There is no doubt that Fitzgerald has a wonderful way of laying words on the page. The first few pages of this book are sheer eloquence. This excerpt perfectly captures that delightful happy wriggle of getting into cool water on a hot day:
Rosemary laid her face on the water and swam a choppy little four-beat crawl out to the raft. The water reached up for her, pulled her down tenderly out of the heat, seeped in her hair and ran into the corners of her body. She turned round and round in it, embracing it, wallowing in it.
It’s not that the rest of the book is any less eloquent, only that I find the poetic
summations a bit wearisome after a while. It takes me longer to work out what is actually going on and feels a bit like wading through mud and poking around with a big stick, trying to find the point. I, shockingly, felt the same about ‘The Great Gatsby’. I struggled to engage with the characters, to even care enough to dislike them, and to summon any interest in the plot. The writing is beautiful but the flourishes get in the way of it becoming absorbing. There is nothing wrong, it is just not for me. I picked out this example which is full of lovely turns of phrase but which I just find a bit distant and vague for such an emotionally charged moment:
Rosemary dozed for three hours then lay awake, suspended in moonshine. Cloaked by the erotic darkness she exhausted the future quickly, with all the eventualities that might lead up to a kiss itself, but with the kiss itself as blurred as a kiss in pictures.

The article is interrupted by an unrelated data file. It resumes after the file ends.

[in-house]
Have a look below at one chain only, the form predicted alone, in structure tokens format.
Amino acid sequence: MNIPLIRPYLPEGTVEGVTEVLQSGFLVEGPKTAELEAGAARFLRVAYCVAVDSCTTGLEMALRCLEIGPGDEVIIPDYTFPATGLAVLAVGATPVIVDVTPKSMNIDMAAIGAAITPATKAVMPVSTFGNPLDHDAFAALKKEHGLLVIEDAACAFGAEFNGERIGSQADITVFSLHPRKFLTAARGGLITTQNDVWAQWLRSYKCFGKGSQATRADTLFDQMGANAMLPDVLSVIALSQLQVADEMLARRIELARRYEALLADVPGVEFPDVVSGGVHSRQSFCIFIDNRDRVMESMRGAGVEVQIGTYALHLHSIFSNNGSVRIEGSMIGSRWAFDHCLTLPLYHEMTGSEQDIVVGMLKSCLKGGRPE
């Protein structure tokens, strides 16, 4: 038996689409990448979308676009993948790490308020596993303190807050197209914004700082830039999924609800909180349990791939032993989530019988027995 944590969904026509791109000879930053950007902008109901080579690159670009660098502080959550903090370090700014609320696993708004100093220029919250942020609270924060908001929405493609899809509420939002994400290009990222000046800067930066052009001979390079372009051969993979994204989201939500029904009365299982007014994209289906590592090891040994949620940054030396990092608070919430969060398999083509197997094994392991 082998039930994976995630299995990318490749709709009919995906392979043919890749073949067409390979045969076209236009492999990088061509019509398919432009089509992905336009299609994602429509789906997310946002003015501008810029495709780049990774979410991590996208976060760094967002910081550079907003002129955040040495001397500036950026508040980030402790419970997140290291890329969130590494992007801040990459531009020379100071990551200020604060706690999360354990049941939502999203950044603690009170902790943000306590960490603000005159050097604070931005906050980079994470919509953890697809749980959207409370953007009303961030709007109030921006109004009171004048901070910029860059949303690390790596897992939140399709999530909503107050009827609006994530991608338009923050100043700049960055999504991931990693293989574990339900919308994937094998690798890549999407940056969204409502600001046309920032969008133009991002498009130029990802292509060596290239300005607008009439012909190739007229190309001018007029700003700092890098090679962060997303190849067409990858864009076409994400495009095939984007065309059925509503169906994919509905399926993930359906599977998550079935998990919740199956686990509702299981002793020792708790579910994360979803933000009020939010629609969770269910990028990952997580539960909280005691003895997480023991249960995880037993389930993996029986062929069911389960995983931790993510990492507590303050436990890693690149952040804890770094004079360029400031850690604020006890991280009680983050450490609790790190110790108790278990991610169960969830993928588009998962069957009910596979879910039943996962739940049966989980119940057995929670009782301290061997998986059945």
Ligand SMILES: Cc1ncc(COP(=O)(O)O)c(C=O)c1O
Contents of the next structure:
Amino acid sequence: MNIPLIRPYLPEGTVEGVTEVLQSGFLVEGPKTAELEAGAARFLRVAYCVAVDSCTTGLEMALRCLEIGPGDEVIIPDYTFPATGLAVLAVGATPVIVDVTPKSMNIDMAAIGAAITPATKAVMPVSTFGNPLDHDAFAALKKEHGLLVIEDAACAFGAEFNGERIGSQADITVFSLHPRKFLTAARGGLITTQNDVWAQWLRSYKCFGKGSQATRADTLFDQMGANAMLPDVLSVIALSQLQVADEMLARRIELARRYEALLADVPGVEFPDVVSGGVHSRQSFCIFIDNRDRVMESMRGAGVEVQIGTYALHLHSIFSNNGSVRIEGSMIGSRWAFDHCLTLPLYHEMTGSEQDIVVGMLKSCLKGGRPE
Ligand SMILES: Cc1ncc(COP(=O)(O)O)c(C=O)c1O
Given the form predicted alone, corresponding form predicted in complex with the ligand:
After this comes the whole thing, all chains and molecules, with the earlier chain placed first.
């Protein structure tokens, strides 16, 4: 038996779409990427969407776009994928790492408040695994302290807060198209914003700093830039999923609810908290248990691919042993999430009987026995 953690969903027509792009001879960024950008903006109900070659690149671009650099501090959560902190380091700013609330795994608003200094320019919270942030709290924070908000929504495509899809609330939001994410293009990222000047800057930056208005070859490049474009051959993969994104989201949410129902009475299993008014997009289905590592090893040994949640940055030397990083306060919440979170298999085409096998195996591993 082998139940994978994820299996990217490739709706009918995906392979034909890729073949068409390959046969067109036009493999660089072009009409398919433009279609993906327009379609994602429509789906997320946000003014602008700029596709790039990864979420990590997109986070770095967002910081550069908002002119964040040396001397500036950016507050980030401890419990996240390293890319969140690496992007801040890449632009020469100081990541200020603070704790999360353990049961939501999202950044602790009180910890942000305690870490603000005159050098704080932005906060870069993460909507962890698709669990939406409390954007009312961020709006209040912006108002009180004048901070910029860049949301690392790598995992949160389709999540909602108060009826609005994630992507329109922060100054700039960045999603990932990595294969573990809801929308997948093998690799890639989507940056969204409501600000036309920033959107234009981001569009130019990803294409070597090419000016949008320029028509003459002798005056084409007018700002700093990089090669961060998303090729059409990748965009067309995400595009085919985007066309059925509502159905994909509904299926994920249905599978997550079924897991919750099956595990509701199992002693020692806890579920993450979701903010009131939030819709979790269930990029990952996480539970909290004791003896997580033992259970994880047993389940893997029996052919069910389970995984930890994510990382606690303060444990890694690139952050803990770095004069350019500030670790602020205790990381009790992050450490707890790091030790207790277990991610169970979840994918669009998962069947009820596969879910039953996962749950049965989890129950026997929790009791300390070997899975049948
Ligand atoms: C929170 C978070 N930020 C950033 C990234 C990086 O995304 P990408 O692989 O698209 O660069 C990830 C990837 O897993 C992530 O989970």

If I had not been confined to an aircraft, I might have put this down and walked away. I’m glad I didn’t. After a few chapters of Dick Diver and Rosemary being bland and predictable, the facade begins to melt away revealing Nicole as raw and real and suddenly stealing the show. There is something reminiscent of ‘The Bell Jar’, which I love, and the dull self-absorption of the others seems designed to contrast with her development. The power shifts away from the youthful and successful. Ultimately, this becomes about a woman regaining control of her life.
There was a lot of understanding in handling the theme of mental health and the question was repeatedly raised as to the different kinds of madness and our attitudes towards them.
“That’s alright. She’s a schizoid – a permanent eccentric. You can’t change that.”
“What is it?”
“Just what I said – an eccentric.”
“Well, how can anyone tell what’s eccentric and what’s crazy?”
From: Rise, the independent book and music shop on the triangle in Bristol (Above Friska which does fantastic things with their halloumi lunch boxes) during a book buying ban. I was definitely not meant to leave with three books, a cd and a second breakfast. I regret nothing.
Read: in Glasgow and on the flight home. The photo is from the Cottonrake Bakery which was recommended by 3 different locals and makes a lemon meringue pie that should be internationally recognised.
Felt: impressed for the first 7 pages, a bit distant for the first half and then hooked for the remainder of the ride. This was quite an emotional read for me personally as it unexpectedly began resonating and became uplifting in its own weird little way.
Liked: that those who you thought had the starring roles lose their shine and the spotlight, making way for bigger issues and a different kind of strength.
Would recommend: to anyone else who was unmoved by The Great Gatsby and wants a fresh start with Fitzgerald.